RSAA is runs saved above average and RSAA2 is adjusted for the expected park-adjusted ERA in Toronto next season. This adjusts for the fact that our comparable pitchers had an overall league ERA lower than what the ERA is now. Anyway, the point here is that the most similar season’s to Ryan’s 2005 and Ryan’s 2005 performance are indeed very similar. Thus, it’s not much of a stretch to use the averages of the next five seasons to see just how well Ryan might be expected to do. In fact, that’s what I did next.

Season IP ERA+ RSAA RSAA2 One 60 117 4 4 Two 57 133 6 7 Three 60 128 6 7 Four 51 176 10 11 Five 34 113 2 2

Let me note that throughout the study, ERA was weighted by innings, so that the performance of a guy who threw three innings is not counted as equal to the performance of a guy who threw 73 innings. You can see that the road here is a little bumpy in terms of runs saved: After an expected decline of 11 runs next season, we would actually expect Ryan to get somewhat better the next three seasons in a row. But you can see here that his expected innings would continually drop, as his comparables get injured or fall out of the league (four out of the ten were not pitching by year five), and that it is unlikely that Ryan will ever post as good an ERA as he did last season. That’s expected. But how much would the above performance be worth?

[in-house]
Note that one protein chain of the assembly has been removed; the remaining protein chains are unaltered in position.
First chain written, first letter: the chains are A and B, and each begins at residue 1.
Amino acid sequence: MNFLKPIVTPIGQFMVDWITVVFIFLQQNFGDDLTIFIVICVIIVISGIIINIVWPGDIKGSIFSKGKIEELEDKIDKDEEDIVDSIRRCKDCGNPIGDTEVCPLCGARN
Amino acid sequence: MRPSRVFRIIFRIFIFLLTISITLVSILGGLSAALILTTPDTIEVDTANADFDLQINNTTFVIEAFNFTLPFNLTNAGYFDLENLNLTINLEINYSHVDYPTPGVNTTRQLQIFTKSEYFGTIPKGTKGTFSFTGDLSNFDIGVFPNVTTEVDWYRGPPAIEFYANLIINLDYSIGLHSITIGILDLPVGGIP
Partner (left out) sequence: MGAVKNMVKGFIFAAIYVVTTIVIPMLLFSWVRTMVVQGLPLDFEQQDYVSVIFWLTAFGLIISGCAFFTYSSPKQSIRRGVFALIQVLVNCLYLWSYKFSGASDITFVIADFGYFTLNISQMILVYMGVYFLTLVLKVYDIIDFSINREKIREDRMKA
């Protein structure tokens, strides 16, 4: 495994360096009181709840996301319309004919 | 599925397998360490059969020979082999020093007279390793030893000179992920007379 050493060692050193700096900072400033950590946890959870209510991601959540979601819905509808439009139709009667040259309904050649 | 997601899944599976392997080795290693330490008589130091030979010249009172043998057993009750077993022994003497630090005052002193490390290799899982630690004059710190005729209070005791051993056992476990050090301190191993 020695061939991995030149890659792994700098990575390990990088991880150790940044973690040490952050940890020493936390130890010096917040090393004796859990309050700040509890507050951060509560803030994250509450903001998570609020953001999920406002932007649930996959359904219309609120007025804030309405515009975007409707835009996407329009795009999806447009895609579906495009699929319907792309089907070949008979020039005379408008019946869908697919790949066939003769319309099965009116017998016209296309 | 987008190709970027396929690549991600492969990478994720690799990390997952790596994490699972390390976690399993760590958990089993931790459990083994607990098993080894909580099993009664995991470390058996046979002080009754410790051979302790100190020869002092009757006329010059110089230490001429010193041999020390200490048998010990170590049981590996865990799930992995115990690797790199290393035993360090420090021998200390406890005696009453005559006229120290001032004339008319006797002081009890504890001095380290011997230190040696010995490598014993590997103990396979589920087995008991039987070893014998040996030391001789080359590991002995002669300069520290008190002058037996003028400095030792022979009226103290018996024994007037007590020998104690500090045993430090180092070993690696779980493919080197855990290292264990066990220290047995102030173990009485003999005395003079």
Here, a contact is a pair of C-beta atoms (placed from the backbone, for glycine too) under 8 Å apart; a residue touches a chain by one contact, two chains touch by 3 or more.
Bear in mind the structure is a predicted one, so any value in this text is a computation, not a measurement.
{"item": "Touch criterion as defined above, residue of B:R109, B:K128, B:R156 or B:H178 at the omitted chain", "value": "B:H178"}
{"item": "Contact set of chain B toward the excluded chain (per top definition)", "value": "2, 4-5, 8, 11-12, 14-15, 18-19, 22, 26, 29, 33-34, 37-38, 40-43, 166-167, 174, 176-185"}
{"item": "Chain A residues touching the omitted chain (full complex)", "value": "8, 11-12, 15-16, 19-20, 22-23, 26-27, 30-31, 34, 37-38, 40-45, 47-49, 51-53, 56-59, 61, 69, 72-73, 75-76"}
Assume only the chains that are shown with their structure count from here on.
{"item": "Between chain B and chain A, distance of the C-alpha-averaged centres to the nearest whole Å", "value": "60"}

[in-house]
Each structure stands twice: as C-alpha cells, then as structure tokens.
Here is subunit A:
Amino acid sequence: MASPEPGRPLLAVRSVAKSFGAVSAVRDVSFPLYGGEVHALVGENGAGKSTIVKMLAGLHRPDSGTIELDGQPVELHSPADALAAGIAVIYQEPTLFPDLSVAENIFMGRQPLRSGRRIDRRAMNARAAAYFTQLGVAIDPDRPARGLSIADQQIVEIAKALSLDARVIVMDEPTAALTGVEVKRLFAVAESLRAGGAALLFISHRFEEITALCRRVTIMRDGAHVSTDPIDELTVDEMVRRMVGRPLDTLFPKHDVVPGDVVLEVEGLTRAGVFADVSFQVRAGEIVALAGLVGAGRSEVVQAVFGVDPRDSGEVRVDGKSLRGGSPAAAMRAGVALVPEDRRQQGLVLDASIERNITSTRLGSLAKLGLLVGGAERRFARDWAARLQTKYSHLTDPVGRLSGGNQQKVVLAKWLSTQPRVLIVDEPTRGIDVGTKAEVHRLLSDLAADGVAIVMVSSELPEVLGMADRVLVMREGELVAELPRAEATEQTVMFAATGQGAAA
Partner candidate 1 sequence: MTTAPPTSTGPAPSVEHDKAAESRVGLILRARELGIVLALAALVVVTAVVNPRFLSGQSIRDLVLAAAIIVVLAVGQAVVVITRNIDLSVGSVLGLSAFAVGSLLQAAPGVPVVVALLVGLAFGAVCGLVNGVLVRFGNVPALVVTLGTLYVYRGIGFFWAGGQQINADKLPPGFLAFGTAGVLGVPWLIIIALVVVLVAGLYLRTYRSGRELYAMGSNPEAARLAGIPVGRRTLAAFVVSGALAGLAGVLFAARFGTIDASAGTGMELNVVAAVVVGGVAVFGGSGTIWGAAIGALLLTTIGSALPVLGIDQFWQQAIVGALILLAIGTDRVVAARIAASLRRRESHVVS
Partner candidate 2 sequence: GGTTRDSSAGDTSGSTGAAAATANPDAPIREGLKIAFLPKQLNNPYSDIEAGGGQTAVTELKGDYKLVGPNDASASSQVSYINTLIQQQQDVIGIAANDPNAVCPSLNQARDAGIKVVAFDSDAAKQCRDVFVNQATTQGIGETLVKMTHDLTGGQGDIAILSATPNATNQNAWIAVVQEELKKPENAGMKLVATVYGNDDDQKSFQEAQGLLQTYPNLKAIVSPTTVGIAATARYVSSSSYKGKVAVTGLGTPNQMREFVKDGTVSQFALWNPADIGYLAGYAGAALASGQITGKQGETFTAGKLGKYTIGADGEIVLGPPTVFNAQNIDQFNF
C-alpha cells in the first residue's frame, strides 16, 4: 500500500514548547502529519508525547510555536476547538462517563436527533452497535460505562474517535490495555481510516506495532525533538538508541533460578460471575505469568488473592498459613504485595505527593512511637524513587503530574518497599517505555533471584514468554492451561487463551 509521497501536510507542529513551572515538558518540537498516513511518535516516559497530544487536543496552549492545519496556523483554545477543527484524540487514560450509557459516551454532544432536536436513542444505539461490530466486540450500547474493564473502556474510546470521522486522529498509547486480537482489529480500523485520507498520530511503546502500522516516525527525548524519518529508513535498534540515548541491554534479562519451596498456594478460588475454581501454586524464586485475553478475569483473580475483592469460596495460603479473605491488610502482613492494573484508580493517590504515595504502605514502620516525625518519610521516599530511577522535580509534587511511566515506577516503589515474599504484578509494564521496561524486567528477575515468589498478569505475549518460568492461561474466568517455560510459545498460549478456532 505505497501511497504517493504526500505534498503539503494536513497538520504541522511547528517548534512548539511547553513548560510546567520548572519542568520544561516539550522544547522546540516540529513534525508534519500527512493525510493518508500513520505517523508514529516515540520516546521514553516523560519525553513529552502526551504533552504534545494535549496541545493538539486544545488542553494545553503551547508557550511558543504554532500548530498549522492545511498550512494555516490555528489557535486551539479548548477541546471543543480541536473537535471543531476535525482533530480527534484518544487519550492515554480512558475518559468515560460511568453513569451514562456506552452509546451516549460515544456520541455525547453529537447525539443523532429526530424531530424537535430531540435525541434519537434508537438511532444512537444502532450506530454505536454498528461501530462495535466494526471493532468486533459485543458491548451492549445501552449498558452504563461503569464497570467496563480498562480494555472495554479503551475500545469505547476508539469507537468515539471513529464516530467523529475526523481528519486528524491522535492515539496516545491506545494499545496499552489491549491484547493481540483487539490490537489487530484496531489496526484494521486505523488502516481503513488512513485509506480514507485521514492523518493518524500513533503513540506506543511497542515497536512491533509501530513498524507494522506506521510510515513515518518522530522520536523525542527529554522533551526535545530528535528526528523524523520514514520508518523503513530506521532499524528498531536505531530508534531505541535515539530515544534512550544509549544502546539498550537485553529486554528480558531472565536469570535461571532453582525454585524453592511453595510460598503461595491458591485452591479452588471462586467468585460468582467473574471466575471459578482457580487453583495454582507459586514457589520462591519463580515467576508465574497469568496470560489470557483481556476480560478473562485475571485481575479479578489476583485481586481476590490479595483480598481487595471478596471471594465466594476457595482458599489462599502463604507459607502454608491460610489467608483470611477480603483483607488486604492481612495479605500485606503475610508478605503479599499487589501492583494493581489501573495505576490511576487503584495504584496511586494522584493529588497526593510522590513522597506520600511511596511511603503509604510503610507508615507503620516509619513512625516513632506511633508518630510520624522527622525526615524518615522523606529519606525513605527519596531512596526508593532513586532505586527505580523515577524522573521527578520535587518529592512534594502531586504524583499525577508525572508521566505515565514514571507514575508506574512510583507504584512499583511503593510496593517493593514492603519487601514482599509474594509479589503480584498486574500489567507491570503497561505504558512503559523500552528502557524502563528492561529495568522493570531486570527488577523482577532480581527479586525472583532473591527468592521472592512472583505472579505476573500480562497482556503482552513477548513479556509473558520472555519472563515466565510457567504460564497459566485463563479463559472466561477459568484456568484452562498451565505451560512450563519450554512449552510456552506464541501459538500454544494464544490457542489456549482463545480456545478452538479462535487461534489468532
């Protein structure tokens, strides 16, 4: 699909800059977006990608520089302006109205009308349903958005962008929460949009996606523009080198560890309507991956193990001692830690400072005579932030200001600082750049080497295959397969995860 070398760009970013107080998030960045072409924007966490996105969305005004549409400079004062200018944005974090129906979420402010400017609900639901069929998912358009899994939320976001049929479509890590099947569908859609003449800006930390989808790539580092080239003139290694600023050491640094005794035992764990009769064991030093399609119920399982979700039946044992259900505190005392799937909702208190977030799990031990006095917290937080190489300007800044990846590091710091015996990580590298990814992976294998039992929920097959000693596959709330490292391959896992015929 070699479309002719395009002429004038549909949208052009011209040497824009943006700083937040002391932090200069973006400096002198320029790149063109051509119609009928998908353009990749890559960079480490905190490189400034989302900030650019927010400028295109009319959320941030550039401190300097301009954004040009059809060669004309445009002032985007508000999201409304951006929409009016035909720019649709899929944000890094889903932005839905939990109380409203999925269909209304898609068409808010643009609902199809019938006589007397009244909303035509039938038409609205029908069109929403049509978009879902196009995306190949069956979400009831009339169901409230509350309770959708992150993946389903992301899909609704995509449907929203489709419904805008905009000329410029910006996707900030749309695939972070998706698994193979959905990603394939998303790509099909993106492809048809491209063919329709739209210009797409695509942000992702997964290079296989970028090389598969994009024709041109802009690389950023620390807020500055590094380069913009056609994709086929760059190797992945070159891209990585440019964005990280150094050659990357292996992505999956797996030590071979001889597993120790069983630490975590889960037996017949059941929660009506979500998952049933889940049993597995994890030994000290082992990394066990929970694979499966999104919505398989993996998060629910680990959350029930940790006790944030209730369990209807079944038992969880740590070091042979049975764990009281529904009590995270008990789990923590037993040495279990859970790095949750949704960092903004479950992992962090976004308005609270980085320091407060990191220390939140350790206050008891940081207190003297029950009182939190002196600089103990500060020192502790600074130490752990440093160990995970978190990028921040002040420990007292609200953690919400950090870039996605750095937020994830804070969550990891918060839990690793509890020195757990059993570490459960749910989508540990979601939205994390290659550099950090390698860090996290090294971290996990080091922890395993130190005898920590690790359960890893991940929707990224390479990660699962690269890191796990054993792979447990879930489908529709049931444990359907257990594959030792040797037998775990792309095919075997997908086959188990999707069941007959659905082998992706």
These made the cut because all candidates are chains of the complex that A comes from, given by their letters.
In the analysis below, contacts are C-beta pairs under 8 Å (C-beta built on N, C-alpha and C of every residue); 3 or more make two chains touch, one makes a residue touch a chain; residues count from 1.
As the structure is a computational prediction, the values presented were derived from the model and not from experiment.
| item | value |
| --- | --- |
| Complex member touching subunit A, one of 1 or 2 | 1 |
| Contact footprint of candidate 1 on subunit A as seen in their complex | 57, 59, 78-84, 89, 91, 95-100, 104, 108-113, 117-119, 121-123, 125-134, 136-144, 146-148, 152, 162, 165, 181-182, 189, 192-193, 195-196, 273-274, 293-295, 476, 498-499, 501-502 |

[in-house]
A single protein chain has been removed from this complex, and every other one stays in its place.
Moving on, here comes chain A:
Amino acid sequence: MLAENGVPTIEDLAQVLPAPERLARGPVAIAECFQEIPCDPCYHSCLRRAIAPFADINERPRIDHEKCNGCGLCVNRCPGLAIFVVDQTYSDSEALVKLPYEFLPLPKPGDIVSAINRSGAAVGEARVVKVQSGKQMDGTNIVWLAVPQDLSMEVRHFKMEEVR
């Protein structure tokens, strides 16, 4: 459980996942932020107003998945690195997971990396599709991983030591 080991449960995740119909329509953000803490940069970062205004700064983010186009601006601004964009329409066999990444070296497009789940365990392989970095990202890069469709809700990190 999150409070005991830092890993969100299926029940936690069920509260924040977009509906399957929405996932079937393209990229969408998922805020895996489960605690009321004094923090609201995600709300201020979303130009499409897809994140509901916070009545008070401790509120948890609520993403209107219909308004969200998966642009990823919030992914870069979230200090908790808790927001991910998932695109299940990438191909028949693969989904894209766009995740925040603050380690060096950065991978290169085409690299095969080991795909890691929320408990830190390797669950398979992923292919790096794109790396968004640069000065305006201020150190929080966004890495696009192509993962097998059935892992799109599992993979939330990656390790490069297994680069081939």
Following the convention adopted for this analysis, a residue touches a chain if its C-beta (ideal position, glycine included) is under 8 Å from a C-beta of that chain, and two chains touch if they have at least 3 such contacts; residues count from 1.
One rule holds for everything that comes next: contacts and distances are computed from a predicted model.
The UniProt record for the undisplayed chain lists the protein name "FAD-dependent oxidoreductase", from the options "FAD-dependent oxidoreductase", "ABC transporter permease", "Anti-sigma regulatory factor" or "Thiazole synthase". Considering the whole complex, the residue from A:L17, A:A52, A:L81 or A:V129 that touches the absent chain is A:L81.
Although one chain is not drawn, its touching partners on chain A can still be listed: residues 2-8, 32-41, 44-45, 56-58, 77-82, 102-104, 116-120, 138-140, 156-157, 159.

I need to add an extra step to find that out. Closers pitch in higher leverage situations than most pitchers, so we need to adjust for that. A shutout ninth is worth a lot more than a shutout first. But by how much? I used Baseball Prospectus’ Leverage to find out. I adjusted BP’s Leverage so that the league average was equal to one (otherwise, the average is about 1.11), and then found and averaged (again, weighted by innings) the Leverages of every pitcher who had at least 30 saves in 2005. These, in my estimation, are “true closers,” and by looking at them we should be able to tell how much more valuable a closer’s innings are. The answer was 1.6